LEARN TO TALK TO ONE ANOTHER AND FORGE UNITY! We have to re-frame the conversations, and we need to learn to meet one another across issues, organizations, and histories. We may differ among ourselves on strategy and tactics, but we can learn to unite on fundamental matters of principle. We need to go to the root, find the common ground, and discover and articulate the ethical and moral base of our common struggle.

BUILD A SOCIAL MOVEMENT! We must connect economic justice with racial justice and global justice. We can find joy and purpose in living a life of resistance in these troubled times. We can also find ways to live our lives together in beloved community, against materialism, war, violence, and hierarchy. We must join together solidly, and work to forge an unbreakable collaboration.

MAKE SANCTUARY A REALITY! Create spaces to protect the vulnerable, to resist, and to defend the organizers and the activists. Lay down moral markers that  illuminate the threats to our humanity and our collective survival. Live the alternatives.

EDUCATE! We need to educate ourselves and engage in authentic dialogue with friends and strangers alike—each of us committed to listening with the possibility of being heard, and speaking with the possibility of being changed. Form a reading group and share important books and articles, or a movie-going group, or a pot-luck conversation once a month.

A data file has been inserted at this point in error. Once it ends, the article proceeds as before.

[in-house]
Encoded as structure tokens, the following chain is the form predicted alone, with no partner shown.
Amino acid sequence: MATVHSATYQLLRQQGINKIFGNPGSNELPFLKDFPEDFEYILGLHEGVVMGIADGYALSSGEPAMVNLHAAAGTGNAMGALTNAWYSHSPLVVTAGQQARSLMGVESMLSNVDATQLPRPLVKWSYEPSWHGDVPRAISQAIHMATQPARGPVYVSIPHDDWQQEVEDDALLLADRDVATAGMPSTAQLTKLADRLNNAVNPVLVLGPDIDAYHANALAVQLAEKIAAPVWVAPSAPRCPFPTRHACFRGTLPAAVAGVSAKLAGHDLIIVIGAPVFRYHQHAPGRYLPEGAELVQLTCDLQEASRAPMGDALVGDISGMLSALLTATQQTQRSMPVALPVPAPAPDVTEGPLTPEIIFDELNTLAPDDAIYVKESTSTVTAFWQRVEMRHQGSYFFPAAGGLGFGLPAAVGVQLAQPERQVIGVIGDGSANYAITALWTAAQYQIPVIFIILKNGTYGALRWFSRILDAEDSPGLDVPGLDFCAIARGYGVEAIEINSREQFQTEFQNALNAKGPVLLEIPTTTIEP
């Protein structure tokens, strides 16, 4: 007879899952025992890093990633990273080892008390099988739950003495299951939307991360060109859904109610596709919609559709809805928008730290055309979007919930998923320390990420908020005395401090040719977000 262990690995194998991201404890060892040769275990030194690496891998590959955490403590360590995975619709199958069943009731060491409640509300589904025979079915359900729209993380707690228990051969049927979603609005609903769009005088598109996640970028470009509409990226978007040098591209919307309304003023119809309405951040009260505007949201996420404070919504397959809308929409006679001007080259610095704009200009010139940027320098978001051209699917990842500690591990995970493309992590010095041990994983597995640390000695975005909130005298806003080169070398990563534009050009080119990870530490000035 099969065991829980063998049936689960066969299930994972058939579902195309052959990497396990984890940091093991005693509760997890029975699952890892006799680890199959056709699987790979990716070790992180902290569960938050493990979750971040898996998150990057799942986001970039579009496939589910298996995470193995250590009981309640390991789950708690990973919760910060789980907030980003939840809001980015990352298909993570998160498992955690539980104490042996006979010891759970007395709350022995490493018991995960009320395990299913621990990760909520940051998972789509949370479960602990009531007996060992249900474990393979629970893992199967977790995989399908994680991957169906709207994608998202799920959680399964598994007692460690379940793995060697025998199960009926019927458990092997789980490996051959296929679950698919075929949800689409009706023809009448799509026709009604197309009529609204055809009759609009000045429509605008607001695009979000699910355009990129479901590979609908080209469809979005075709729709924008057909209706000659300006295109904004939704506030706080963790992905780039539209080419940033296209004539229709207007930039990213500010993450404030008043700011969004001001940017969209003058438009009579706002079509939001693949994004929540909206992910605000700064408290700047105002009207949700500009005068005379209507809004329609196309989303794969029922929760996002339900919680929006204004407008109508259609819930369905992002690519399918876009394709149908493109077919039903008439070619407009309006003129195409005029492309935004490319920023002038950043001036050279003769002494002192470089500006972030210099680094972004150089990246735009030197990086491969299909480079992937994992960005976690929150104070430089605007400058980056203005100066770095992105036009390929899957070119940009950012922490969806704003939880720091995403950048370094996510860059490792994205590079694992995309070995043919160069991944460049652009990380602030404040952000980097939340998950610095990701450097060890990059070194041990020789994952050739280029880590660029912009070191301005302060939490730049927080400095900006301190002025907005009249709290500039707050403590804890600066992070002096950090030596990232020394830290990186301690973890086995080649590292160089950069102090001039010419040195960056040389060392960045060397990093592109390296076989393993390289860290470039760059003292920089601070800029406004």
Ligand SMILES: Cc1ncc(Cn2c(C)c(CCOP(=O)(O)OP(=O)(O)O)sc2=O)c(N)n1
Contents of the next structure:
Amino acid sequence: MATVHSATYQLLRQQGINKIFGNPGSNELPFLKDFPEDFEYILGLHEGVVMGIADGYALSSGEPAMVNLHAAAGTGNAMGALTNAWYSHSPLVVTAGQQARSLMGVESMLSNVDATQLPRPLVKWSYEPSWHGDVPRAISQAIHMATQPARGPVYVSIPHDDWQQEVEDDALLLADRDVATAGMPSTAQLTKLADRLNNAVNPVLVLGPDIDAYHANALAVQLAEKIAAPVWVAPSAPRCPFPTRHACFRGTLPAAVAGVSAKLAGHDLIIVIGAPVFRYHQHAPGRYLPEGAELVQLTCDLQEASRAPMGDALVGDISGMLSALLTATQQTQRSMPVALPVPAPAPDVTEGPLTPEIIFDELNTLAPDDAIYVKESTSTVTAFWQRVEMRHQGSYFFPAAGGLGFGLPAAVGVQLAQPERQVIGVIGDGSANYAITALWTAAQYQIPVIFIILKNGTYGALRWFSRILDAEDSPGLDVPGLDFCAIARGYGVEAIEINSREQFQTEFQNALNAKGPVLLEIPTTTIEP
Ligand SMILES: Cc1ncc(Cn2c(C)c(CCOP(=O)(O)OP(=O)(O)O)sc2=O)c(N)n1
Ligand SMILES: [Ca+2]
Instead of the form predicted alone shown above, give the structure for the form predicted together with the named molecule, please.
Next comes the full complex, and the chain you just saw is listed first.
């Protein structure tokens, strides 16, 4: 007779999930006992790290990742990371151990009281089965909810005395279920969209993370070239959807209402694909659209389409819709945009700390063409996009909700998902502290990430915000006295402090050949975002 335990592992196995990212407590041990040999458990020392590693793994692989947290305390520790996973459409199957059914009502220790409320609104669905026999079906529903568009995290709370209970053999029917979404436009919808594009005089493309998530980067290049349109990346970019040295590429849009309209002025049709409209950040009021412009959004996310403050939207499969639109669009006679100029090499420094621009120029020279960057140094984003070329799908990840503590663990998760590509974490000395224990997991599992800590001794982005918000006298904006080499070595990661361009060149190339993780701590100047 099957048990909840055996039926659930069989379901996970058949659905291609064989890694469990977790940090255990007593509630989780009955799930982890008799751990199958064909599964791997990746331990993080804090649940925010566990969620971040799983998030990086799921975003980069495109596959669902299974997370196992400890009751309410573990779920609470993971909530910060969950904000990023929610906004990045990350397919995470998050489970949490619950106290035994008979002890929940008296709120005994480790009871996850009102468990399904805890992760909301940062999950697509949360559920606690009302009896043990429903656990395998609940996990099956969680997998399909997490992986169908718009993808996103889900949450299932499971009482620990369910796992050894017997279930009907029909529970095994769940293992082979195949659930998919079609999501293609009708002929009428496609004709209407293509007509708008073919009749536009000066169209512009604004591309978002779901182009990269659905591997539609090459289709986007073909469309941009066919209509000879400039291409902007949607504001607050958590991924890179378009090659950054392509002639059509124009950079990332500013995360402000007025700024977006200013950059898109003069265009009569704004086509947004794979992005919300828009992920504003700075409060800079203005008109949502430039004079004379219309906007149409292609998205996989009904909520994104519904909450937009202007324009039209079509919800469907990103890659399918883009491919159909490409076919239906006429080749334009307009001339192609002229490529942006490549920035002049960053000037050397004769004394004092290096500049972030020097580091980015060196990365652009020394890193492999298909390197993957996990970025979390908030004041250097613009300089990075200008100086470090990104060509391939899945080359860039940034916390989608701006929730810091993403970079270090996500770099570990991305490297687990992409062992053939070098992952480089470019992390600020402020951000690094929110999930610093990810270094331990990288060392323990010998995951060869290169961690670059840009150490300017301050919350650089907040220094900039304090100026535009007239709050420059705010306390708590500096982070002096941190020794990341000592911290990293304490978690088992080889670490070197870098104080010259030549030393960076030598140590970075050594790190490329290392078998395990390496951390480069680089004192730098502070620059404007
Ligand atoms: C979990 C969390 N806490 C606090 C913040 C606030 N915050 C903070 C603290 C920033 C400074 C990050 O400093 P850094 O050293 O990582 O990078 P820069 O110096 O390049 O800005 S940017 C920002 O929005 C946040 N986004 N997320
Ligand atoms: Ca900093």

THE TIME TO ACT UP IS NOW! Our challenge is to crack the pretense of normalcy in this political moment, to break the conspiracy of silence by which both establishment political parties, the bought media, and the political class mute public debate. Deep and radical change requires the mobilization of an engaged social movement, and the cooperation of an enlightened political leadership emerging from (or empowered by) that movement.

“When all the trees have been cut down, when all the animals have been hunted, when all the waters are polluted, when all the air is unsafe to breathe, only then will you discover you cannot eat money.”~~~Cree Prophecy

To be shocked at the outcome of the presidential election is understandable; to be shocked and disbelieving weeks later indicates a lack of understanding about the nature of the country we live in, its terrible unresolved history and its living white supremacist base. To gain our balance, Bernardine and I have been channeling some of our favorite foremothers and forefathers. Ella Baker was an organizer and a fighter her whole life; she was the mother of SNCC and a major force in the Civil Rights Movement, and she lived long enough to see many of the gains challenged and set back with the Southern strategy and the rise of the right. Frederick Douglass was born into slavery, freed himself and became a leader of the Abolitionist movement and an architect of Black Reconstruction, and he lived long enough to witness the Hayes Compromise and the unleashing of  white terrorism and the rise of the KKK. What did these great freedom fighters do in the gathering dread and darkness? They got up, dusted themselves off, and set out to organize and fight back. We can do nothing less.